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Flashcards in Groover--Equine Resp Dz Deck (38):
1

Primary indication for TTW?

diffuse or focal LOWER airway disease

2

Most common G+ aerobic bacteria causing respiratory disease in horses

Streptococcus equi v. zooepidemicus (commensal)

3

Most common G- aerobic bacteria causing respiratory disease in horses (3)

Klebsiella spp.
E. coli
Pasteurella

4

Most common anaerobic bacteria causing respiratory disease in horses

Bacteroides
Prevotella

*both are G-*

5

When performing a blind BAL, where does the tube usually end up?

R dorsal lung field

6

Best diagnostic test to get a positive bacterial culture in horses with pleuropneumonia

TTW

7

Heaves is a clinical sign commonly associated with? (2 things)

Airway inflammation
bronchoconstriction

8

This disease is typical in young performance horses and clinical signs will NOT be evident when the horse is resting

Inflammatory airway disease (IAD)

9

An expected endoscopy finding in horses with IAD?

airway mucus present following exercise

10

Top 2 diagnostics tests used to confirm IAD?

BAL
Pulmonary function testing (PFT)

11

This disease in common in older horses and re-occurs frequently, typically in a seasonal manner; owner may note husbandry changes (i.e. horse is being stabled more often)

RAO

12

3 main clinical signs seen with RAO

Respiratory difficulty
End expiratory wheezes
cough

*Signs can be present at rest!*

13

RAO is considered to be ________-________ airway obstruction

allergen-induced

*Type I or III hypersensitivity

14

2 best ways to diagnose RAO

BAL (best)
Empircal therapy (response to tx)

15

3 main goals when treating airway inflammation (IAD or RAO)

1) environmental management
2) stopping/preventing inflammation
3) relieve bronchoconstriction

16

Two pharmacological approaches to bronchoconstriction

Corticoteroids (usually Dexamethasone)
Bronchodilators

17

This disease is most common in horses that train in high intensity speed work; they show poor performance and respiratory signs

Exercise induced pulmonary hemorrhage (EIPH)

18

How to DEFINITVELY diagnose EIPH

demonstrate blood in lower airways via:
endoscopy or
BAL/TTW

*best to do shortly after exercise*

19

Describe the pathophysiology steps of bacterial pneumonia in horses (5)

1) compromise of normal resp. defenses
2) colonization by opportunistic bacteria
3) bacteria multiply
4) pulmonary parenchyma becomes inflamed
5) pulmonary parenchyma and endothelium are destroyed

20

3 common causes of respiratory compromise in horses

stress of transport/training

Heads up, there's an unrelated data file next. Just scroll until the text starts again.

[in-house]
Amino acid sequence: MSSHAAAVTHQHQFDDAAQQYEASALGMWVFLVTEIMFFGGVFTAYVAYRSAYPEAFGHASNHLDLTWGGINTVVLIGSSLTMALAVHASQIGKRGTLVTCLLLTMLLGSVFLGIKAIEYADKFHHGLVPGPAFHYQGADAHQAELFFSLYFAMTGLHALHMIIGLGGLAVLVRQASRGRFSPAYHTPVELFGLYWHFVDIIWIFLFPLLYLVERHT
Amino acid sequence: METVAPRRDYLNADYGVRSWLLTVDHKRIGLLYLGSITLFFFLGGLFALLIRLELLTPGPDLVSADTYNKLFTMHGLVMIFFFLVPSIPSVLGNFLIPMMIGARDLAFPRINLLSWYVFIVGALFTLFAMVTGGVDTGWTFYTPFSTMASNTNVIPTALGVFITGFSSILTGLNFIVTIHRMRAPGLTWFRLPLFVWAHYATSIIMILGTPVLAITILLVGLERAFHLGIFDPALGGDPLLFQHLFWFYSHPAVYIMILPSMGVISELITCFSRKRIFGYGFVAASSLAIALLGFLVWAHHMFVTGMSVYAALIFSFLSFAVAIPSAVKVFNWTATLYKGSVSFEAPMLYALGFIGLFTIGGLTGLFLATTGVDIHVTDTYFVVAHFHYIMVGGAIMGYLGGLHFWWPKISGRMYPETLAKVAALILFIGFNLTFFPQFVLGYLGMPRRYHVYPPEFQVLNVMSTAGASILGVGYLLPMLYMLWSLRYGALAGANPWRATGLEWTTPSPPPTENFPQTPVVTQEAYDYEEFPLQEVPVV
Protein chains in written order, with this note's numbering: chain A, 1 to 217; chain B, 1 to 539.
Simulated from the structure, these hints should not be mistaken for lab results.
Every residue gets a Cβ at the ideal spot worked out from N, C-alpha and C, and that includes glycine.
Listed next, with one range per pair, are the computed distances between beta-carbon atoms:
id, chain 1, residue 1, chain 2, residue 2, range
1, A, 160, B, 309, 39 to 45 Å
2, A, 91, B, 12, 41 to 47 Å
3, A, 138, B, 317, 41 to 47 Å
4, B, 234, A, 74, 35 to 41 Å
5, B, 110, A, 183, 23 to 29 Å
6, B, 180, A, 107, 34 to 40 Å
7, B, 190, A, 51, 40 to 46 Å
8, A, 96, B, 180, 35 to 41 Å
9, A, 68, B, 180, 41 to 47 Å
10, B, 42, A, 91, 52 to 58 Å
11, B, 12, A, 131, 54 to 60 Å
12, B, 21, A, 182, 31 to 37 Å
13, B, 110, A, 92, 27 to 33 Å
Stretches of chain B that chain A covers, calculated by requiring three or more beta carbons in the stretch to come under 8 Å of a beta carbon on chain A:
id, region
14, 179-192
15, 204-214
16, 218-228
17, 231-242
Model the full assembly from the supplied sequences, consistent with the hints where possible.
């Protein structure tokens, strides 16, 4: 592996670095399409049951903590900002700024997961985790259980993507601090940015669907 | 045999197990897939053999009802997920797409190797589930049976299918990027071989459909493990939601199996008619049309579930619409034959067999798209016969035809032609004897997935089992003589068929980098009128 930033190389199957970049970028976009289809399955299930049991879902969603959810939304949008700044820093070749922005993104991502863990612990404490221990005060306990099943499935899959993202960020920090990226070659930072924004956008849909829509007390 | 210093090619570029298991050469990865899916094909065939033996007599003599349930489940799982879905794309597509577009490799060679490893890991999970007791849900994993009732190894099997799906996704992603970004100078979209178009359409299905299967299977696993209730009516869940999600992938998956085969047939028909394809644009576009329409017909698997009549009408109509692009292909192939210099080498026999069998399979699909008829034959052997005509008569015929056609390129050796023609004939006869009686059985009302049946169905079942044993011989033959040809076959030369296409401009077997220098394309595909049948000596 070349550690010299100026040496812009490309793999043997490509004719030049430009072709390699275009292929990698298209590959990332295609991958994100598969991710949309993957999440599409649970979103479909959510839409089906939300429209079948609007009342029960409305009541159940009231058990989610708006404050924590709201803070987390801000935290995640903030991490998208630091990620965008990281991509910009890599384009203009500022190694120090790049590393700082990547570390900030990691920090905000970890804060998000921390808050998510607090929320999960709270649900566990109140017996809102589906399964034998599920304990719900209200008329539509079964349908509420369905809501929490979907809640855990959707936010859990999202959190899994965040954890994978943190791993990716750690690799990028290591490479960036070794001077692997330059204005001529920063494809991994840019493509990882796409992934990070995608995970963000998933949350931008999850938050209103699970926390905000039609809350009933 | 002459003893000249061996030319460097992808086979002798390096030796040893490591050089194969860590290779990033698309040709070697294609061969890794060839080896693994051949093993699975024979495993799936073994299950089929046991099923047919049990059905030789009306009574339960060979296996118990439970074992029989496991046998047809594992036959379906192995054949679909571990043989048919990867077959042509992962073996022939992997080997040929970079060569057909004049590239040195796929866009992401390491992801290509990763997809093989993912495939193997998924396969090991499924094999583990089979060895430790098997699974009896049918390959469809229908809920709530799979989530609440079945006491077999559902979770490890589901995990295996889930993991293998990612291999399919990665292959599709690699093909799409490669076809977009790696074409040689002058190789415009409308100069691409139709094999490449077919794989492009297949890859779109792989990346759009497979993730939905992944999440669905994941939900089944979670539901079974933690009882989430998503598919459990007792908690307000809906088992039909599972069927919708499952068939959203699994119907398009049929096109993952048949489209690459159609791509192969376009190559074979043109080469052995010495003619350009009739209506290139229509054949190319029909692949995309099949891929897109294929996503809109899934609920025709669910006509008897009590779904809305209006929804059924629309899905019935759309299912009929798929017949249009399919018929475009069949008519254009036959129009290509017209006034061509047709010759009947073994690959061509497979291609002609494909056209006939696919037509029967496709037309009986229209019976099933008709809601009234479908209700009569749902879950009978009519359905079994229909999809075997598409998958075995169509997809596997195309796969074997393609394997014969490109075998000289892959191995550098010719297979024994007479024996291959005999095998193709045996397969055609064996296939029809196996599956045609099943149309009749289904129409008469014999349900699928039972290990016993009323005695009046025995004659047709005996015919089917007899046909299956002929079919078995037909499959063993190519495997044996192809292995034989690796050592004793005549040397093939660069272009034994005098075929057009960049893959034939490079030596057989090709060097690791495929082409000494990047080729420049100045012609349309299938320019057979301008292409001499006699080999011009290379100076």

Viral infection (Influenza & EHV-1&4)

aspiration

21

2 complications associated with bacterial pneumonia

Laminitis (most common!!)
Endotoxemia

22

4 risk factors for pleuropneumonia

comingling with transient population

frequent transport over long distances with head tied/elevated

strenuous exercise

poor ventilation (stables or trailer)

23

Pleurodynia and absent ventral lung sounds are indicative of?

Pleuropneumonia

24

What type of bacteria is Rhodococcus equi?

Gram + pleomorphic rod
falcultative intracellular

25

This is a common cause of pneumonia in foals 1-6 months of age; how do they get infected?

Rhodococcus equi;

inhalation

26

The virulence of R. equi is attributed to?

VAP-A (plasmid)

*no pyogranulomatous disease w/o this plasmid*

27

How to definitively diagnose R. equi in a foal?

bacterial culture of TTW

PCR on TTW fluid to find VAP-A plasmid

28

When treating R. equi:
1) what characteristics do you want your antimicrobial to have
2) what is the gold standard
3) Groover's top choice

1) high Vd & G+ spectrum

2) Macrolide paired with rifampin

3) Clarithromycin/rifampin

29

Two common parasites associated with pneumonia in horses

Parascaris equorum (young or debilitated)

Dictyocaulus arnfieldi (donkeys)

30

How is strangles primarily transmitted

direct contact--nasal secretions or fomites

(can survive for a while in the environment)

31

3 virulence factors of Step. equi spp. equi

Hyaluronic acid capsule

M-like protein (SeM)

Leukocidal toxin

32

3 clinical signs that are indicative of strangles

fever
mucopurulent nasal discharge
acute swelling of throatlatch area & abscess formation

33

2 ways to diagnose strangles

1) culture of resp secretions

2) PCR for SeM in respiratory secretions

34

When preventing strangles, which type of vaccine is the best choice?

Who should not get the vaccine?

Attenuated live (MLV)

don't give it horses that have strangles or those that have been exposed

35

Where in the guttural pouch do fungi usually infect?

roof of the medial compartment (where ICA is)

36

Most common isolate with GP mycosis?

Aspergillus spp.

37

Two most common clinical signs associated with GP mycosis?

Epistaxis
dysphagia (CNN deficit)

38

How to definitvely diagnose GP mycosis?

endoscopy of GPs (see fungal plaques)